The Holy Sepulcher
The Holy Sepulcher is the tomb where Christ was buried for three days before His Resurrection. It is located 295 feet (90 meters) northwest of Golgotha. The tomb had been provided for the burial of Christ by Saint Joseph of Arimathea, a member of the Sanhedrin who had quietly disagreed with their condemnation of the Savior.
The tomb, which has a bed of limestone (Romey, 2016; Pells, 2016) upon which the Body of Christ had been placed, is enclosed inside the Kouvouklion, a small chapel that is located in the Aedicule of the Basilica of the Holy Sepulcher. The bed had been covered for centuries by a marble slab with a cross on it, which had been reportedly engraved by the Crusaders. Above is a photograph of a small stone from the Holy Sepulcher in the same sealed bronze reliquary that comes from the Custodian Franciscans in Jerusalem.
The Burial Shroud is a linen cloth of 14 feet 5 inches long by 3 feet 7 inches wide (4.4 x 1.1 meters). Imprinted on it is the negative image of the Body of Jesus Christ (Adler, 2002), which had resulted after the Savior was wrapped in it for His entombment after the Crucifixion.
The Shroud is known to have been in the possession of the Byzantine emperors until the Sack of Constantinople, which occurred in April 1204 (Poulle, 2009). Boniface I and his chief counselor, Othon de la Roche, took the Shroud from the Church of Saint Mary of Blachernae together with other relics and kept them in Athens (Anon., n. d.; Legrand, 1982; Piana, 2014; Rinaldi, 1983; Villehardouin, 2007). But after that no mention of it has been reliably documented for another two centuries.
The knight, Geoffroy I de Charny, and his wife, Jeanne de Vergy, were noted as the new owners of the Shroud in the 14th century, where it was preserved from 1360 to 1389 at Monfort-en-Auxois. Their great-granddaughter, Marguerite de Charny, gave the Shroud to Louis I of the Casa di Savoiain 1453 (Chevalier, 1900; Dubarle, 1993), in exchange for the castle of Varambon and monetary assets. The Savoyards in turn presented it to the Holy See in 1983.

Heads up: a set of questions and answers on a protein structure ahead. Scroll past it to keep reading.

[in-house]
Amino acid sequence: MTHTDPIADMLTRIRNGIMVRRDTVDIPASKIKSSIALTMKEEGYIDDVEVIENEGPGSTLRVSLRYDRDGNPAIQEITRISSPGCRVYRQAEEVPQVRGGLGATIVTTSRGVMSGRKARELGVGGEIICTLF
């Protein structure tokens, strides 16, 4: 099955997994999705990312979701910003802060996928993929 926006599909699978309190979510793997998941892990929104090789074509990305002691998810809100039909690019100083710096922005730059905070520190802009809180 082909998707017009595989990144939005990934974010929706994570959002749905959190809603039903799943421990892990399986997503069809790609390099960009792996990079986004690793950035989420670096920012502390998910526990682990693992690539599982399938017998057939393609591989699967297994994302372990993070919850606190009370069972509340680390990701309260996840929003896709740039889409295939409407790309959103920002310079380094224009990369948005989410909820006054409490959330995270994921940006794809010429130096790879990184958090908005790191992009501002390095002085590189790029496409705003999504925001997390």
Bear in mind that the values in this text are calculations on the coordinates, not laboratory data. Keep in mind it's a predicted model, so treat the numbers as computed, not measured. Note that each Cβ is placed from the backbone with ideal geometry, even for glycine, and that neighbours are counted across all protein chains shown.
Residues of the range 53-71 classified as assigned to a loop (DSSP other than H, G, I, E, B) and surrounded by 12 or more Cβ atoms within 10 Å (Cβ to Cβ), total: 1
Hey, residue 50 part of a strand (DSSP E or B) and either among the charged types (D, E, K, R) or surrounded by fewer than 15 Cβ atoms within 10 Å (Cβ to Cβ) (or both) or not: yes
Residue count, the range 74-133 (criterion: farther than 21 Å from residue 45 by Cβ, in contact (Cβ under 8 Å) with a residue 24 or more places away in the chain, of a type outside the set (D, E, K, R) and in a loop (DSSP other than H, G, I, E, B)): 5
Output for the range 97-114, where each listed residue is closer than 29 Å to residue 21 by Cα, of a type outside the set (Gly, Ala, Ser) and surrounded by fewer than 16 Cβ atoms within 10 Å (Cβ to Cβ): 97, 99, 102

The Shroud is woven in a 3-to-1 herringbone twill pattern made of flax fibrils. The negative image imprinted on it has been described as that of
A front and back view of a naked man with his hands folded across his groin. The two views are aligned along the midplane of the body and point in opposite directions. The front and back views of the head nearly meet at the middle of the cloth (ibid.).
The burial cloth of Christ can be found enclosed in a bullet-proof glass case at the Cappella della Sacra Sindone in Turin, Italy. This chapel had been built in the 17th century by Carlo Emmanuele II to house the sacred relic.
Above is a photograph of a single thread from the Shroud in a sealed reliquary that comes from the Augustinians. A limited number of relics of the Shroud had been distributed to Catholic bishops around the world after a drop of molten silver from a fire had damaged a small part of it in 1532, while at the Sainte Chapelle in Chambéry, France (Cruz, 1984).
 The culmination of the Fourth Crusade, which is considered a major victory and turning point in medieval history.
 Marchese di Monferrato and King of Thessaloniki. Boniface was one of the knight-commanders of the Fourth Crusade.
 Baron of Ray-sur-Saõne and the first Frankish Lord of Athens.
 Chambéry was the capital of the Savoy region at the time. After the fire, Emmanuele Filiberto, the current Duke of Savoy, ordered that the Shroud be translated to Turin where it has remained since 1578. The coffer in which it traveled can also be seen (Piana, 2014).